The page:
As soon as Sou Sokun finishes dressing his 3-year-old son, he walks straight to his 11-month-old crying in a pram. Sokun lifts him out of the cart, places him on the floor, and brings out a toy guitar for him to play.
With the boy strumming and babbling on his lap, Sokun needs to speak up a little louder about the pressure he feels.
“At first, I was very worried. I didn’t know how to take care of a child, because I didn’t have experience and I thought it wasn’t the type of job for a man. My wife was worried too,” he says. “She thought a man taking care of his kids might not be as thorough as a woman.”
He went to see his older sisters take care of their children, and watched many YouTube videos, Sokun says.
“Once I started doing it, I figured out how to dress them, keep them clean and feed them,” he says.
Sokun, 36, is a stay-at-home dad in Phnom Penh caring for three sons, aged 13, 3 and 11 months, one of a growing number of men taking on a job that advocates say is undervalued, underappreciated and entangled with traditional gender expectations in the country.
With jobs growth in recent years driven by the women-dominated garments manufacturing sector, and the Covid-19 pandemic spurring joblessness across the economy, they say more men like Sokun are embracing the work of being stay-at-home carers for their children despite the pressure and mockery they face from neighbors, former colleagues, family and friends.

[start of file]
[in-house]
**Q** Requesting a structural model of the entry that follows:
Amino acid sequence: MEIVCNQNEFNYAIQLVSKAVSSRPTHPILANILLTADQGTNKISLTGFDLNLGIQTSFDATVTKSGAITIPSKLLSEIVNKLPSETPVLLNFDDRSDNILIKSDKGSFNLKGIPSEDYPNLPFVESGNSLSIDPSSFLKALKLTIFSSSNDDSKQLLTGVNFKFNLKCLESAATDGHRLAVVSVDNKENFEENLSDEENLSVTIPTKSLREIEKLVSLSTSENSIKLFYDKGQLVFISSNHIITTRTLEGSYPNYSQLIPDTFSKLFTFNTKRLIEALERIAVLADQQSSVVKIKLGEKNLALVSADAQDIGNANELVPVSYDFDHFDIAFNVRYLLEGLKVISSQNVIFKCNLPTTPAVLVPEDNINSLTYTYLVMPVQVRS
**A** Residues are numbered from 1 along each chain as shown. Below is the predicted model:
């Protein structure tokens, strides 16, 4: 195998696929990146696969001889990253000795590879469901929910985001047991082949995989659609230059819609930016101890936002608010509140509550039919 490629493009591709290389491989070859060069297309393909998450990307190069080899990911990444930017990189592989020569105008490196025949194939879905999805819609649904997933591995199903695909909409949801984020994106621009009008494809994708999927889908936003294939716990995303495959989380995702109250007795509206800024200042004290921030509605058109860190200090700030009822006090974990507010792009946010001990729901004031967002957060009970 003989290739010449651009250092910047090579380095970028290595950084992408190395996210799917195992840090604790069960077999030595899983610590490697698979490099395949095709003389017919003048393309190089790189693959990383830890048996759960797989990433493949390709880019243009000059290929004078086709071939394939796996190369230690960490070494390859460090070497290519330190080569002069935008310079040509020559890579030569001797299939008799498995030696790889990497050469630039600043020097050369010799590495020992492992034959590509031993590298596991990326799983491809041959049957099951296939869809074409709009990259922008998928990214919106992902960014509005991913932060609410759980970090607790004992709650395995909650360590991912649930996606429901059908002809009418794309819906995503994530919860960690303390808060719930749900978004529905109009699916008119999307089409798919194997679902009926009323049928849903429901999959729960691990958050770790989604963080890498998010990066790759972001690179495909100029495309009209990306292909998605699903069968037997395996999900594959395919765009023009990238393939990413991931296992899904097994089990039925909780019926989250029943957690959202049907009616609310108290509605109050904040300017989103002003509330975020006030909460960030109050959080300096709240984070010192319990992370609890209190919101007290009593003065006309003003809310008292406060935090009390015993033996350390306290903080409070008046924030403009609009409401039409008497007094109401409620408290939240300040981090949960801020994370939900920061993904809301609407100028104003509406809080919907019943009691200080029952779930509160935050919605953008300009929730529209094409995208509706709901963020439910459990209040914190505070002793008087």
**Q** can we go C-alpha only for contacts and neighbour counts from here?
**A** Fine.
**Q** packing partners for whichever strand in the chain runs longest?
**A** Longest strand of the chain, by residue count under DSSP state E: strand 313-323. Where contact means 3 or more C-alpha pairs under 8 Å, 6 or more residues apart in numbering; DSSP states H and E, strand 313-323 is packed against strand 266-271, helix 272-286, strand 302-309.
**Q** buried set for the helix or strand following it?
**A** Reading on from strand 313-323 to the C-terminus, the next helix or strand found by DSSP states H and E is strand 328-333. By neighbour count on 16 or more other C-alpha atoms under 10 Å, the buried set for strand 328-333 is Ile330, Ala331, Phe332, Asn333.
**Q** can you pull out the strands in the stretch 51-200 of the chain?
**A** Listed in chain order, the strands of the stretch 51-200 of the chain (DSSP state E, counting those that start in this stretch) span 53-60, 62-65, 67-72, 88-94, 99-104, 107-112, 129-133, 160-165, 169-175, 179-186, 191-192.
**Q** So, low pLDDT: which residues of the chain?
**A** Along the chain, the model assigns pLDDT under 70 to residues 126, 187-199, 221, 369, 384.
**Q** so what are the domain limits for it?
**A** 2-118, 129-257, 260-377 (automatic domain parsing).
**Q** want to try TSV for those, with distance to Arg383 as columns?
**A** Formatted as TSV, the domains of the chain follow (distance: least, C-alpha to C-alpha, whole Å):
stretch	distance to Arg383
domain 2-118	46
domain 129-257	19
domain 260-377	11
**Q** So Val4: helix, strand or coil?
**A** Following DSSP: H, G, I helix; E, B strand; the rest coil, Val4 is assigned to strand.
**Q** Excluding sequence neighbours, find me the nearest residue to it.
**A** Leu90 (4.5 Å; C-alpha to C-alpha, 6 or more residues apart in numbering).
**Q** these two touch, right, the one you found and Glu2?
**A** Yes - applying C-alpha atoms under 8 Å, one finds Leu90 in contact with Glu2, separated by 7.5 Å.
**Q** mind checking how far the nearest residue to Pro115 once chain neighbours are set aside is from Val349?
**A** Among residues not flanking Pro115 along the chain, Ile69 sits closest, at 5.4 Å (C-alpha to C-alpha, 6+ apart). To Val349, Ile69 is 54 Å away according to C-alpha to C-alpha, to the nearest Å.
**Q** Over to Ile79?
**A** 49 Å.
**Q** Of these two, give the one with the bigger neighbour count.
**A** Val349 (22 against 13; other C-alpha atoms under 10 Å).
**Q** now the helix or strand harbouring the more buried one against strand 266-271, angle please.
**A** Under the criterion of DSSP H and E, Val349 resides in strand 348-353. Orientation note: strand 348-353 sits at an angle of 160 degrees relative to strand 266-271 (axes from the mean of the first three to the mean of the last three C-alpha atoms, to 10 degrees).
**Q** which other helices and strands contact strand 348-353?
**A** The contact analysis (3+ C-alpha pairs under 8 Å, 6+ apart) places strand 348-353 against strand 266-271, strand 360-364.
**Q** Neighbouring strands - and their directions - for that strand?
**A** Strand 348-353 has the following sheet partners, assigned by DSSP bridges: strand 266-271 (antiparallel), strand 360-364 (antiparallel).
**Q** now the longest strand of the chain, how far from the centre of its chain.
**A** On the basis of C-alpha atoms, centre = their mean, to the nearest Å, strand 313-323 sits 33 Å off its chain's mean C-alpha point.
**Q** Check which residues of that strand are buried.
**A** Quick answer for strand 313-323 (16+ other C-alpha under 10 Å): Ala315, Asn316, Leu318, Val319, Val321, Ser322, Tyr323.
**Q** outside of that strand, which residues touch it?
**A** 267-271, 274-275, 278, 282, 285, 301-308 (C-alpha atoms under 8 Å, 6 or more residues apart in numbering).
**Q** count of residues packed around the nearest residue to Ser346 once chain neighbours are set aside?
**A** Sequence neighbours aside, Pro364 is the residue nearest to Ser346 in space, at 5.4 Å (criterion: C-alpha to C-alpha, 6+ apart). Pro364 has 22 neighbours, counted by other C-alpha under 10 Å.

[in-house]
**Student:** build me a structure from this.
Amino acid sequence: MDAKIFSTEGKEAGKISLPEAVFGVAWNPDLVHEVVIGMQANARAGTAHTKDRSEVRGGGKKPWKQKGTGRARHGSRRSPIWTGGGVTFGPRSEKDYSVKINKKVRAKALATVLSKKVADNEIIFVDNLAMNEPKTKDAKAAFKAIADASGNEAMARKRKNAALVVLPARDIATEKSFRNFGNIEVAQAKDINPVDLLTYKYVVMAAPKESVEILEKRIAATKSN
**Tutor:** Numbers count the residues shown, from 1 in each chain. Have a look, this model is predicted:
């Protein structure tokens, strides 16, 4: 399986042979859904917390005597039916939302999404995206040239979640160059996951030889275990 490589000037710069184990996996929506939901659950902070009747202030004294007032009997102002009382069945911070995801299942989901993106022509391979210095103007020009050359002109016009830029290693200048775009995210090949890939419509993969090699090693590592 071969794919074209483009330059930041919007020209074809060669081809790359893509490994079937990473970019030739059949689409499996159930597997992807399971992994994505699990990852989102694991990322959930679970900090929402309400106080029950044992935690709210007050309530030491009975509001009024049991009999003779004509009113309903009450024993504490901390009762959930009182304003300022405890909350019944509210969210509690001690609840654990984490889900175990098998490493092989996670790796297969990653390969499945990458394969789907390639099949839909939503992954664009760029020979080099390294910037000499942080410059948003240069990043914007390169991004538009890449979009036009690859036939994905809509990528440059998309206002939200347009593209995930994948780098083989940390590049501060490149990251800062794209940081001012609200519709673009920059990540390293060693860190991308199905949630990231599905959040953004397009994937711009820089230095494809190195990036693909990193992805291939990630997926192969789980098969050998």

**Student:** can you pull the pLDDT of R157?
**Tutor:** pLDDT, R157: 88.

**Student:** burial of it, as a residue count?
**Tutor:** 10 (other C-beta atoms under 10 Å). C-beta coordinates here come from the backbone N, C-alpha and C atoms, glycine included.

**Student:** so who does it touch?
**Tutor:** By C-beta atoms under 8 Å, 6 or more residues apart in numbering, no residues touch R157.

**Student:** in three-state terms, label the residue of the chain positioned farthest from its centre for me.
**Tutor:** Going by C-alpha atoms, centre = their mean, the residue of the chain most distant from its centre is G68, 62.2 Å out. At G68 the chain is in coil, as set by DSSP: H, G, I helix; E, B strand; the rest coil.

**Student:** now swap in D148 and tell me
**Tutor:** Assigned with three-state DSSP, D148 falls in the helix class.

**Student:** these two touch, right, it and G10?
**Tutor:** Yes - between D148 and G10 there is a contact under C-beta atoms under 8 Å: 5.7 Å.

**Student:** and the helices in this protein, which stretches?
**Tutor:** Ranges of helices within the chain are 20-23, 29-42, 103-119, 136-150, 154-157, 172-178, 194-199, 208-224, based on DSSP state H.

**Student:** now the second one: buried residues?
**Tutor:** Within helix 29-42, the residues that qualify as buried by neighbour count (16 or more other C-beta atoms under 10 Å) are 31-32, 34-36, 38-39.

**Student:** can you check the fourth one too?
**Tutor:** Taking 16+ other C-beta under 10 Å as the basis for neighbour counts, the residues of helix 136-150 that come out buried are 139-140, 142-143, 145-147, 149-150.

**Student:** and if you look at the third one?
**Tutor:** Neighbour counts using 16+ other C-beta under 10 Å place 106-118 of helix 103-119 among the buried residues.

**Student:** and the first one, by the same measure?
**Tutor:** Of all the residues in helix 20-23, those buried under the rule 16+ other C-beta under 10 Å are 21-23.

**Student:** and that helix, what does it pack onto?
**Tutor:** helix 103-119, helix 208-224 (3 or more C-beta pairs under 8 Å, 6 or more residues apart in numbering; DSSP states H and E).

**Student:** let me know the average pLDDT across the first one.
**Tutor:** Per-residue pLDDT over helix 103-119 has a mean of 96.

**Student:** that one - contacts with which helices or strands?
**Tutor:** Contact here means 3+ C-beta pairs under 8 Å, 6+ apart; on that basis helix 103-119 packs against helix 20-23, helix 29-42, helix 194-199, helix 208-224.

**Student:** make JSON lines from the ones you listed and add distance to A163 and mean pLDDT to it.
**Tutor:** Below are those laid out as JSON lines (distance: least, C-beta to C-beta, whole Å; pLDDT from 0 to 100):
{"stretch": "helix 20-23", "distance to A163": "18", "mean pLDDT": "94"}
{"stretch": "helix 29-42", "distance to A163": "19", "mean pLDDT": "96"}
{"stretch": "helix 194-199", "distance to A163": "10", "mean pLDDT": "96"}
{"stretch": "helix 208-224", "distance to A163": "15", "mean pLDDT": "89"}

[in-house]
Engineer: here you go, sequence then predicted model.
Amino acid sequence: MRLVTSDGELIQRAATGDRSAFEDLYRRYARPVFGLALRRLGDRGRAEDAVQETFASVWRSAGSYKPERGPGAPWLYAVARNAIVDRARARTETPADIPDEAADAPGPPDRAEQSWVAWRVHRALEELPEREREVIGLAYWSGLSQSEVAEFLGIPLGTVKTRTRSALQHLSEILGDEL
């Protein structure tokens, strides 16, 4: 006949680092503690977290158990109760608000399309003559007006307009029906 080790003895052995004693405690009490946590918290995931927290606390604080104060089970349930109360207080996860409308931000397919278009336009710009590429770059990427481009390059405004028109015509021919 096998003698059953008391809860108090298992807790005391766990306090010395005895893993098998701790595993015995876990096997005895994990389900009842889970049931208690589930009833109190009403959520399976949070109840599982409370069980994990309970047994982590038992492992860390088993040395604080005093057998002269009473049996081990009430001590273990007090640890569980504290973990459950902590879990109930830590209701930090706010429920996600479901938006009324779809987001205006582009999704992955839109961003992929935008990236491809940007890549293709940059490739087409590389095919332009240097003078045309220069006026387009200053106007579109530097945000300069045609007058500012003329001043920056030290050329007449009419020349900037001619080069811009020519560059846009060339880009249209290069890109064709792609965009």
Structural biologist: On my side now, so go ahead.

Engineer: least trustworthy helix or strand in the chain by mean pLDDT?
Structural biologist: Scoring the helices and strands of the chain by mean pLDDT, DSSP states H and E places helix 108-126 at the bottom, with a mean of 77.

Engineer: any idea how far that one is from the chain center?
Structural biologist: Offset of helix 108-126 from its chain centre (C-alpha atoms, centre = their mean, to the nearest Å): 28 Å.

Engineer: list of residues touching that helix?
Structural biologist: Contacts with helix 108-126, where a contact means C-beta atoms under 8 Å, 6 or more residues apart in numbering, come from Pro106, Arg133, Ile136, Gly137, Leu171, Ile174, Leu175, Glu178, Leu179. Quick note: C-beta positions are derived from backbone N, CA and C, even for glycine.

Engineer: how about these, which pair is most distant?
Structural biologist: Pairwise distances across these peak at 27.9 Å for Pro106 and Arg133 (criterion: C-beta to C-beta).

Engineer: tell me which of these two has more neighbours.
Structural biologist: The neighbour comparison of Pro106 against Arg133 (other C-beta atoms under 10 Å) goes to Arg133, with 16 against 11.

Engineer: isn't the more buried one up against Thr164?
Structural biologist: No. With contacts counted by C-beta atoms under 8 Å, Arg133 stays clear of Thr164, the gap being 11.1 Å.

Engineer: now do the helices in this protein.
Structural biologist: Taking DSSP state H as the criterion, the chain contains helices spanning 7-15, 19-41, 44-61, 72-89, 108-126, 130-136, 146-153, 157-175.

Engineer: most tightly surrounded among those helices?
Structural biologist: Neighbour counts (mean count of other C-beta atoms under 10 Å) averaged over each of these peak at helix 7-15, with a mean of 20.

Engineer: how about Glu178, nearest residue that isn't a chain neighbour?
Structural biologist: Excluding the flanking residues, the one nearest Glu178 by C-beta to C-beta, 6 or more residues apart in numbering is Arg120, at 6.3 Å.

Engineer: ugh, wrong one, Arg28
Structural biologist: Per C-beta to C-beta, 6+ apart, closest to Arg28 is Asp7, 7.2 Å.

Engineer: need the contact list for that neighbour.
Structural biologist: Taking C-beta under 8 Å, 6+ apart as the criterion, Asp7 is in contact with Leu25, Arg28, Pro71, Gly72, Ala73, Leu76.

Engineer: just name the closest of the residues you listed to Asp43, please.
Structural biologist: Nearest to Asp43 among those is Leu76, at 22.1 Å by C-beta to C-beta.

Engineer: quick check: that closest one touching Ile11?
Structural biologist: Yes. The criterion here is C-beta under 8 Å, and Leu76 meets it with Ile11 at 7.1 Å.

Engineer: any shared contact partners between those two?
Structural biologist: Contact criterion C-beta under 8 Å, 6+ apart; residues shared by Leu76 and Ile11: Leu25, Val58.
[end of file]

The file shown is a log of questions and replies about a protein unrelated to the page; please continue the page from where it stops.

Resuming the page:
Sokun describes it as a full-time job: He wakes up, cleans the house, showers the kids, cooks, does the laundry, plays with the kids and tries to get them to take naps.
“As a family we have to help each other, and not discriminate between the different kinds of work,” he says.
But others have not been so understanding. Friends, relatives and neighbors told him that “men should not do women’s work,” he says.
“I felt upset, unhappy. They told me that other men go outside and earn money while you stay at home,” Sokun says. “I told them I have to help my wife, and if I don’t do it, who would take care of my family?”
Saut Sokheng, 33, a former VOD journalist who resigned to stay in his Phnom Penh home after his wife gave birth, says he has faced similar disdain.
Friends asked him about his resignation in a way that made him feel “unpleasant and uncomfortable,” he says.
“They were surprised when I told them I had resigned. Then they asked me if my salary was much lower than my wife’s. They asked me why not make your wife stay at home?” he says.
“I think generally our society is not open to men giving up their careers, especially as their friends will mock them. I think we should appreciate their sacrifice.”
Uy Chanthon, a program director at Gender and Development for Cambodia who manages the Cambodian Men’s Network, says the expectation that men should be the breadwinners creates many problems down the line.
“Because our society thinks that men need to go out and find money, when they cannot do it they get stressed, and this can lead to violence both verbal and physical,” Chanthon says.
Chanthon has worked with about 30,000 men on education about gender and family roles for more than 10 years, and says he has found that many men don’t have strong support networks. He encourages them to “find peers and start to talk about their issues,” he says.